1Sp1985 c 14 art 9 s 72; 1987 c 403 art 3 s 68; 1988 c 689 art 2 s 228; 1989 c 282 art 2 s 147,148; 1990 c 568 art 4 s 48-50; 1992 c 513 art 8 s 32; 1997 c 162 art 4 s 28-32; 1999 c 159 s 20-22; 1999 c 205 art 1 s 28-30,69; art 5 s 21; 1Sp2003 c 14 art 9 s 14-18; 2004 c 256 art 1 s 1; 2004 c 288 art 4 s 14; 2005 c 98 art 1 s 7; 2005 c 159 art 3 s 3,4; 2007 c 147 art 2 s 6-8; 2008 c 361 art 2 s 2; art 3 s 3; 2009 c 79 art 2 s 1; 2009 c 175 art 1 s 3; 2010 c 346 art 2 s 2; 1Sp2011 c 9 art 1 s 3-5
NOTE: Subdivision 9a, as added by Laws 2011, First Special Session chapter 9, article 1, section 3, is effective January 1, 2013. Laws 2011, First Special Session chapter 9, article 1, section 3, the effective date.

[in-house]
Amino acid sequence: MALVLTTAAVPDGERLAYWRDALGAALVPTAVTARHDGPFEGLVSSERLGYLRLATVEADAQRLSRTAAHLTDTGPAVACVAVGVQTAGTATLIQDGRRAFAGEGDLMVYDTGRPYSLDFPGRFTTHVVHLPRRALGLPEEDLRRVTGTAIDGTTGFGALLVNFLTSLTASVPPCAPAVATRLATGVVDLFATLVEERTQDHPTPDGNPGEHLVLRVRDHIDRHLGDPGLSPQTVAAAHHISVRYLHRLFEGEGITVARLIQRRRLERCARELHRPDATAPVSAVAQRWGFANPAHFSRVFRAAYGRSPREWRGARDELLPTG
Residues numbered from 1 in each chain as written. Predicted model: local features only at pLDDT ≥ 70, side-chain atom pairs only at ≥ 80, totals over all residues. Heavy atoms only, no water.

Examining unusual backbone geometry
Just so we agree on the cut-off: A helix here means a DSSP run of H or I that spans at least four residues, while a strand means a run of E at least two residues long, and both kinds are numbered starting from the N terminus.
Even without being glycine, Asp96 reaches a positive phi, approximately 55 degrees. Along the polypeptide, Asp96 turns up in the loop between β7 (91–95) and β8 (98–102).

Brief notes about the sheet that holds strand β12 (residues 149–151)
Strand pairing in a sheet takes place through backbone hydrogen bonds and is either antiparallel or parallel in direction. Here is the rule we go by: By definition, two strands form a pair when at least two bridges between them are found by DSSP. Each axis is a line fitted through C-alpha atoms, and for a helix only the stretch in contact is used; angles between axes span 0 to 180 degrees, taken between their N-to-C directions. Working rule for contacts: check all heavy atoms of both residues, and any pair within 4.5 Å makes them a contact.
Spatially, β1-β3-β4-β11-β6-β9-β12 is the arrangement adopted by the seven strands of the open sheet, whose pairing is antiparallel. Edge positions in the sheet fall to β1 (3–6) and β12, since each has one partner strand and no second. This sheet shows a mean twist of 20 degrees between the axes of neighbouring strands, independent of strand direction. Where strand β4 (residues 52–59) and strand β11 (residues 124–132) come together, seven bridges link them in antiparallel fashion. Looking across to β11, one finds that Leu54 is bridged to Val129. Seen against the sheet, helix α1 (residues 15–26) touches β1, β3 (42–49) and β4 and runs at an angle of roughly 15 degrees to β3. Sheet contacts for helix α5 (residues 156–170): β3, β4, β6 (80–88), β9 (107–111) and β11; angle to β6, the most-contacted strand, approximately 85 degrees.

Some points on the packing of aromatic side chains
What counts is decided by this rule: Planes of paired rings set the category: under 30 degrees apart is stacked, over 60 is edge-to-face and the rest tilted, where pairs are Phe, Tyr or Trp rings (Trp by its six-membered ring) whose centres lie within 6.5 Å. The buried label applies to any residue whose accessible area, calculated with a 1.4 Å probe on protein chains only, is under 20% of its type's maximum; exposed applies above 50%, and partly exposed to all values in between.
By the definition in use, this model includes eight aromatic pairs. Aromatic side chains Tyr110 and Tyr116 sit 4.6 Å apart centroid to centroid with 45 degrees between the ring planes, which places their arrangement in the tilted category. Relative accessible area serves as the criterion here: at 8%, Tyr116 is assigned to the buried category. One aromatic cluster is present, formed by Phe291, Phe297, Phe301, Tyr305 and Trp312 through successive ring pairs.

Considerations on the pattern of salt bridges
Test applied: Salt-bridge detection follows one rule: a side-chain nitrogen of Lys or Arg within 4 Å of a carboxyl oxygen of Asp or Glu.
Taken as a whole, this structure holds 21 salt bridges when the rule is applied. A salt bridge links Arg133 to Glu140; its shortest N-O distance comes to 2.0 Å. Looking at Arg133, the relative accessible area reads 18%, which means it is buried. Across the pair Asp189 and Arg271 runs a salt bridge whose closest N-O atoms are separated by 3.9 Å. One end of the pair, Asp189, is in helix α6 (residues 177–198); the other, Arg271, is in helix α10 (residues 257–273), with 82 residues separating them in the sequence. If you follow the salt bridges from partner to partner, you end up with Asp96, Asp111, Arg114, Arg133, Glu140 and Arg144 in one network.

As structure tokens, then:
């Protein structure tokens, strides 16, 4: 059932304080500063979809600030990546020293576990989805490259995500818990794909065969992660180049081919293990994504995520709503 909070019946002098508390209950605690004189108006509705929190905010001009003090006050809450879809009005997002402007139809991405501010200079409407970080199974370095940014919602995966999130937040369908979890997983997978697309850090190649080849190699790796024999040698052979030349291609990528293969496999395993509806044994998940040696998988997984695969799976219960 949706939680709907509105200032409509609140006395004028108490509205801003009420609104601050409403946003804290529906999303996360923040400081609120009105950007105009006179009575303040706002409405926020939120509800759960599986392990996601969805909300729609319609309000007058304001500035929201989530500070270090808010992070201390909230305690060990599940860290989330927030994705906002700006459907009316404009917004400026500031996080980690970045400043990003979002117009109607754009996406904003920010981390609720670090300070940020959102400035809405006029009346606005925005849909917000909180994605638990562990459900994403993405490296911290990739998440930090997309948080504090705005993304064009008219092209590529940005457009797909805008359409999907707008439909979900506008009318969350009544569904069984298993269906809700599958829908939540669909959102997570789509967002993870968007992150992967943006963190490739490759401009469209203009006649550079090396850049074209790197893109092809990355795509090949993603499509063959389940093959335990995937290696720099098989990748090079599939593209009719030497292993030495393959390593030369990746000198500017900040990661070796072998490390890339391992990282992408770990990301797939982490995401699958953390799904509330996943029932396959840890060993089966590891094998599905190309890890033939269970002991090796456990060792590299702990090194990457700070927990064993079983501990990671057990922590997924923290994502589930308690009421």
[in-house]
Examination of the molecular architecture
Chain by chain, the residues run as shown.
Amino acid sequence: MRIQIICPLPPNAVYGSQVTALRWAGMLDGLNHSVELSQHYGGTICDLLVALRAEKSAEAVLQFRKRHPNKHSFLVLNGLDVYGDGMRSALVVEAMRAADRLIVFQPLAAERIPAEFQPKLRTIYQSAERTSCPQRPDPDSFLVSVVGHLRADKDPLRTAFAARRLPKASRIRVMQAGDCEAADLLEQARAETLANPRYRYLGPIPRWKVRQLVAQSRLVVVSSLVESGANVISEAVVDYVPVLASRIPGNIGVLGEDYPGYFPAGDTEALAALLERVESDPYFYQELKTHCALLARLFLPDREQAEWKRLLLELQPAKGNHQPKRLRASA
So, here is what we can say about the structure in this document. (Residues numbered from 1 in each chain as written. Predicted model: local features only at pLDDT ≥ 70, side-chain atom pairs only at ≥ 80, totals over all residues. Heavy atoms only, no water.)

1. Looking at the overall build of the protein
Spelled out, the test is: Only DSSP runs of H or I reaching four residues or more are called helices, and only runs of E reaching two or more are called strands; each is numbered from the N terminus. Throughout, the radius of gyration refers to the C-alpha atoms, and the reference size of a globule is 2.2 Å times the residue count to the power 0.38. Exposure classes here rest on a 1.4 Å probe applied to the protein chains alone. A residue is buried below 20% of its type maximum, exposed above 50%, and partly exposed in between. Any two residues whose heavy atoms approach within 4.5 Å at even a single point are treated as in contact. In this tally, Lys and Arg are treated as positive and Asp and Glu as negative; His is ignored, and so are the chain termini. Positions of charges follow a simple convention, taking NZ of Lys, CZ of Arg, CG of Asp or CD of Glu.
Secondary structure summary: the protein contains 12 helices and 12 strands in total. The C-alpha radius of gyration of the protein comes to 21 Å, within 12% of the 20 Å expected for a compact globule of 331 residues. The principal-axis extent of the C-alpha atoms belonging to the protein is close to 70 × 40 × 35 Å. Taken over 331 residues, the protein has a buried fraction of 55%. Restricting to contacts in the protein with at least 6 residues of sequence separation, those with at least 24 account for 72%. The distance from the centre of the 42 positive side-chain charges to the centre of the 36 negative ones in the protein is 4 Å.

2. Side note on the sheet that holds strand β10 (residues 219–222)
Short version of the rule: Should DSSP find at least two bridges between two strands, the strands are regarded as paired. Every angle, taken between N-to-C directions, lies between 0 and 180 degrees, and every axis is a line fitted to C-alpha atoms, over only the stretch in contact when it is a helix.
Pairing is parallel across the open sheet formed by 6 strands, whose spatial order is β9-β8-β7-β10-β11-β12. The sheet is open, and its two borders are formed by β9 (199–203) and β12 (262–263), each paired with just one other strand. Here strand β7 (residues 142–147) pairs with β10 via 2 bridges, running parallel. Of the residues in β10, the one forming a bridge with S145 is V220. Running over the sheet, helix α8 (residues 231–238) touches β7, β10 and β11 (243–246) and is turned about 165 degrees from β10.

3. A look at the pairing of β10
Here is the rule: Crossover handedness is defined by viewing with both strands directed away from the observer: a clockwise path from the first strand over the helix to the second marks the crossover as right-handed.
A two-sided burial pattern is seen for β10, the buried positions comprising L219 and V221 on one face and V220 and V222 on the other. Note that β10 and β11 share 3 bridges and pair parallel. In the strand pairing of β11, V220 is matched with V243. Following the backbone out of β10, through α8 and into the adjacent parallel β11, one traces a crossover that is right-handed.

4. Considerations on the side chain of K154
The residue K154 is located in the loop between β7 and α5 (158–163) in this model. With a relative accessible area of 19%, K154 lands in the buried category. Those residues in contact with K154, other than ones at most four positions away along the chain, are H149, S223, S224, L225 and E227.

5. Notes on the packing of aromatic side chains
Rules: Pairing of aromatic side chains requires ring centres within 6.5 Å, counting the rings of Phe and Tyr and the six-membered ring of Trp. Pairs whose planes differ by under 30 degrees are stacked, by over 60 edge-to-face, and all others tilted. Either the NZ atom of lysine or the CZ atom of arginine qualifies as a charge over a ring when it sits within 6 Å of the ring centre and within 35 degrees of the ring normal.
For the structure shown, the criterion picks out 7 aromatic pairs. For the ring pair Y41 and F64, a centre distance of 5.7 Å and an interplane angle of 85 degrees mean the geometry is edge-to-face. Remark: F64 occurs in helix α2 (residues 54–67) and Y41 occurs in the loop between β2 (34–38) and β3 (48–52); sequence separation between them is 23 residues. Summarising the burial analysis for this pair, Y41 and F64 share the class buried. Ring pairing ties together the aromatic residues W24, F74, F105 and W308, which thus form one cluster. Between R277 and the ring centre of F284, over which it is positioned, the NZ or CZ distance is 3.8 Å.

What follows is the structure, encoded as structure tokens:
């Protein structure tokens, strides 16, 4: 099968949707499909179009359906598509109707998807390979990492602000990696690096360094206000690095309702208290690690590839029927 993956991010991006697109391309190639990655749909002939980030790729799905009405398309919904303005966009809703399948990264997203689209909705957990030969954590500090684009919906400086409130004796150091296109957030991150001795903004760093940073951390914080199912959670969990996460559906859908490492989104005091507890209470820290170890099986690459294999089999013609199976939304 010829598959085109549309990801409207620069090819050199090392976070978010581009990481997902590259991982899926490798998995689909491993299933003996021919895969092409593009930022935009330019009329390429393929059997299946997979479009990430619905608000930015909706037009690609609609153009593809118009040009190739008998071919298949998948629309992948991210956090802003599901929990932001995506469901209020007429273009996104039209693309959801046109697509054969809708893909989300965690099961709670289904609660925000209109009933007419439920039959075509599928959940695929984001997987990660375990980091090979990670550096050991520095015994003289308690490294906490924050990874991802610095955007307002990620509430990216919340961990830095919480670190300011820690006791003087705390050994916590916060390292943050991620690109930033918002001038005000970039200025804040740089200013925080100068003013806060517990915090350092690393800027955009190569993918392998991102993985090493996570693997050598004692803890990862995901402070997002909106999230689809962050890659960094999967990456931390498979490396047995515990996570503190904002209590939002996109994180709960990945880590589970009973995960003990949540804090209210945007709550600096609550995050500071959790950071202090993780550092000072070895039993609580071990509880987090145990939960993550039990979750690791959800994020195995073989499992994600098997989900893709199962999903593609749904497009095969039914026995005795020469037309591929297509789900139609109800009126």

NOTE: The amendment to subdivision 10 by Laws 2011, First Special Session chapter 9, article 1, section 4, is effective March 5, 2012. Laws 2011, First Special Session chapter 9, article 1, section 4, the effective date.
NOTE: Subdivision 13, as added by Laws 2011, First Special Session chapter 9, article 1, section 5, is effective March 5, 2012. Laws 2011, First Special Session chapter 9, article 1, section 5, the effective date.
Copyright © 2011 by the Revisor of Statutes, State of Minnesota. All rights reserved.